The Ebola outbreak threatens to become a political crisis that could unravel years of effort to stabilise West Africa, a think tank has warned.
“The worst-hit countries now face widespread chaos and, potentially, collapse,” the International Crisis Group (ICG) said.
The world’s largest outbreak of Ebola has caused 2,811 deaths so far, mainly in Guinea, Liberia and Sierra Leone.
The UN has warned that infections could treble to 20,000 by November.
The World Health Organization (WHO) said this could happen if efforts to tackle the outbreak were not stepped up.
Both Liberia and Sierra Leone are recovering from brutal civil wars and Guinea has faced coups and ethnic unrest.
“Adding social breakdown to the epidemic would create disaster perhaps impossible to manage,” the ICG statement said.
- Liberia with a 4.2m population: 51 doctors; 978 nurses and midwives; 269 pharmacists
- Sierra Leone with a 6m population: 136 doctors; 1,017 nurses and midwives; 114 pharmacists
Ebola drains weak health systems
The international community needs to provide more personnel and resources “not only to the immediate medical response but also to the longer-term problems of strengthening governance and rebuilding health-care systems”, it said.
The Ebola crisis has exposed citizens’ lack of trust in their government in “already fragile societies”, the group said.
In three worst-hit countries, “past civil conflicts fuelled by local and regional antagonisms could resurface”, it said.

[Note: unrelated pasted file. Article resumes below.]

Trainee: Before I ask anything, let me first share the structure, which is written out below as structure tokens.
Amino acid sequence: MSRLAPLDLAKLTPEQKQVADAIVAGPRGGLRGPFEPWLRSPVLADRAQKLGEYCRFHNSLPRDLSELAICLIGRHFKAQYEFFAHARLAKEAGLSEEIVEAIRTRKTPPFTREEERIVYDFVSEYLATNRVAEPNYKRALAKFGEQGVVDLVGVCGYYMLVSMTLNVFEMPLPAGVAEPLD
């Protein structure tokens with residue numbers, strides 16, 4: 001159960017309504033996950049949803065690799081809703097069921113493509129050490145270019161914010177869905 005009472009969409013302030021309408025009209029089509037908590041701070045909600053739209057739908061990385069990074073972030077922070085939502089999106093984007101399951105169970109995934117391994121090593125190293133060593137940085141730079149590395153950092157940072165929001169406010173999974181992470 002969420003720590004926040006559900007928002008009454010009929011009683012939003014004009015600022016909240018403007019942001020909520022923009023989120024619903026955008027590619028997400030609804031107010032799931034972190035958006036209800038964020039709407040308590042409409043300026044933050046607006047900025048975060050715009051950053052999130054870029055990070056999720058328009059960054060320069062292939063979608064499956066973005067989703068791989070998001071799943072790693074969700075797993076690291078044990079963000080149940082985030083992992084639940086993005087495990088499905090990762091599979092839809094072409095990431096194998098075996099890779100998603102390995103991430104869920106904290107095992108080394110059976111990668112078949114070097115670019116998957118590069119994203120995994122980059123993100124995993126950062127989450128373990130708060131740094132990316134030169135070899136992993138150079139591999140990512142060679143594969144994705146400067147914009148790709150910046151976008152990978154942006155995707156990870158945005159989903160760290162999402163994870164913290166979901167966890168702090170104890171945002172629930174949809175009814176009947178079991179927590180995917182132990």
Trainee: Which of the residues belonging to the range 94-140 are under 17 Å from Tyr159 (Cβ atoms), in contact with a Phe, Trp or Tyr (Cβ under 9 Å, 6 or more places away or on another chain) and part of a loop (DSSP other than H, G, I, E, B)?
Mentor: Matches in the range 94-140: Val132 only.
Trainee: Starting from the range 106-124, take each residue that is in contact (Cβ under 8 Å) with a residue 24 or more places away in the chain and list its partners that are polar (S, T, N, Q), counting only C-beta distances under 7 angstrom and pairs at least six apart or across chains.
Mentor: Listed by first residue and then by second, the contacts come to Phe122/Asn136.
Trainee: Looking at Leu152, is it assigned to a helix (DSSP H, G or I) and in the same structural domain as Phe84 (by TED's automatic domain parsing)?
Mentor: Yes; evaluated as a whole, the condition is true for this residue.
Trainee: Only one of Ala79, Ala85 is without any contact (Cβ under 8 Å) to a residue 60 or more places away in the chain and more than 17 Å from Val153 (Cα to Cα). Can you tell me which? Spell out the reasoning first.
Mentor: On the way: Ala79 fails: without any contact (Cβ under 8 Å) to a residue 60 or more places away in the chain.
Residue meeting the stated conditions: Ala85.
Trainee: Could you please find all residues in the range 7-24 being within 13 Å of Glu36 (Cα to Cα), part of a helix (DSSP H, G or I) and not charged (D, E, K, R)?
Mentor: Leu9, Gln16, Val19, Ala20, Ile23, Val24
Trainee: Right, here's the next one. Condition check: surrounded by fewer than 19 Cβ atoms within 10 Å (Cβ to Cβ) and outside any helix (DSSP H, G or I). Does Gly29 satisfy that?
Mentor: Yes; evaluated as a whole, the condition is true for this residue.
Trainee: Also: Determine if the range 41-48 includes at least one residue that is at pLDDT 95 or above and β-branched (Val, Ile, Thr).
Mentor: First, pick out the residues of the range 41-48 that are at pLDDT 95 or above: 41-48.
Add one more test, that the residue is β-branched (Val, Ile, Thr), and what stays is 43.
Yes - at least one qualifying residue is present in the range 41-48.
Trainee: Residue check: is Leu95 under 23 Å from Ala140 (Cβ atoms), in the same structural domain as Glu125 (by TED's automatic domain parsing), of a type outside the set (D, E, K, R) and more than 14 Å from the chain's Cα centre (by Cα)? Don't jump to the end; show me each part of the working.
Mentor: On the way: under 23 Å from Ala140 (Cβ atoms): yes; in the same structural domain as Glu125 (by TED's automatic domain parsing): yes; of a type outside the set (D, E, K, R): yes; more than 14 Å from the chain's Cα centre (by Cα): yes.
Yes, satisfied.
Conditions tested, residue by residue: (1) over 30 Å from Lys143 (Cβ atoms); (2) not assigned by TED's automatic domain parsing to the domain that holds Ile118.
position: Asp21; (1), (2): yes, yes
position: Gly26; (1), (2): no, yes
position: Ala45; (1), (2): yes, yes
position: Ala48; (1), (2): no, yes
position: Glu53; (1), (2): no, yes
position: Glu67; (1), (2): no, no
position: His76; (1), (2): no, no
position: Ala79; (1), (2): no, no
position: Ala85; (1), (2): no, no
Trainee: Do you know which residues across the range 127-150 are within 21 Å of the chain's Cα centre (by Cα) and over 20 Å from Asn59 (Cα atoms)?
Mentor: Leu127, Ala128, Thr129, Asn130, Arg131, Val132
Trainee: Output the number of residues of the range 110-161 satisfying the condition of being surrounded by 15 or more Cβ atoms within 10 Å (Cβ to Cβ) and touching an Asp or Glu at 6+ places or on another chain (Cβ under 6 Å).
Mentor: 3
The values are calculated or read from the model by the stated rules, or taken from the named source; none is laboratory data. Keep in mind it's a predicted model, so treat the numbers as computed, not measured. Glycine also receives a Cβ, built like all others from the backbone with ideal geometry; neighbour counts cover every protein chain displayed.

BBC Ebola broadcast:
The BBC World Service is launching a special programme containing the latest news about the Ebola outbreak in West Africa.
The first edition will be at 19.50 GMT on Monday 22 September and the programme will continue each weekday.
Ebola virus: busting the myths
A meeting is expected to take place on the sidelines of the UN General Assembly in New York to consider the next steps.
With warnings of soaring food prices and possible shortages, reopening borders with appropriate surveillance measures must be a top priority for West African governments, the group advised.
“Despite rhetoric to the contrary, West African governments have tried to manage these crises unilaterally, ignoring – as demonstrated once again by the rapid spread of Ebola – that their citizenries are deeply linked and interdependent,” the ICG statement said.
While countries like the US, UK, France and China and Cuba were ramping up their responses by setting up Ebola health facilities and sending personnel, special attention also needed to be paid to Guinea-Bissau and The Gambia, countries near the epicentre which both have inadequate health systems, it said.
New figures suggest that 70% of those infected with Ebola in West Africa have died, higher than previously reported.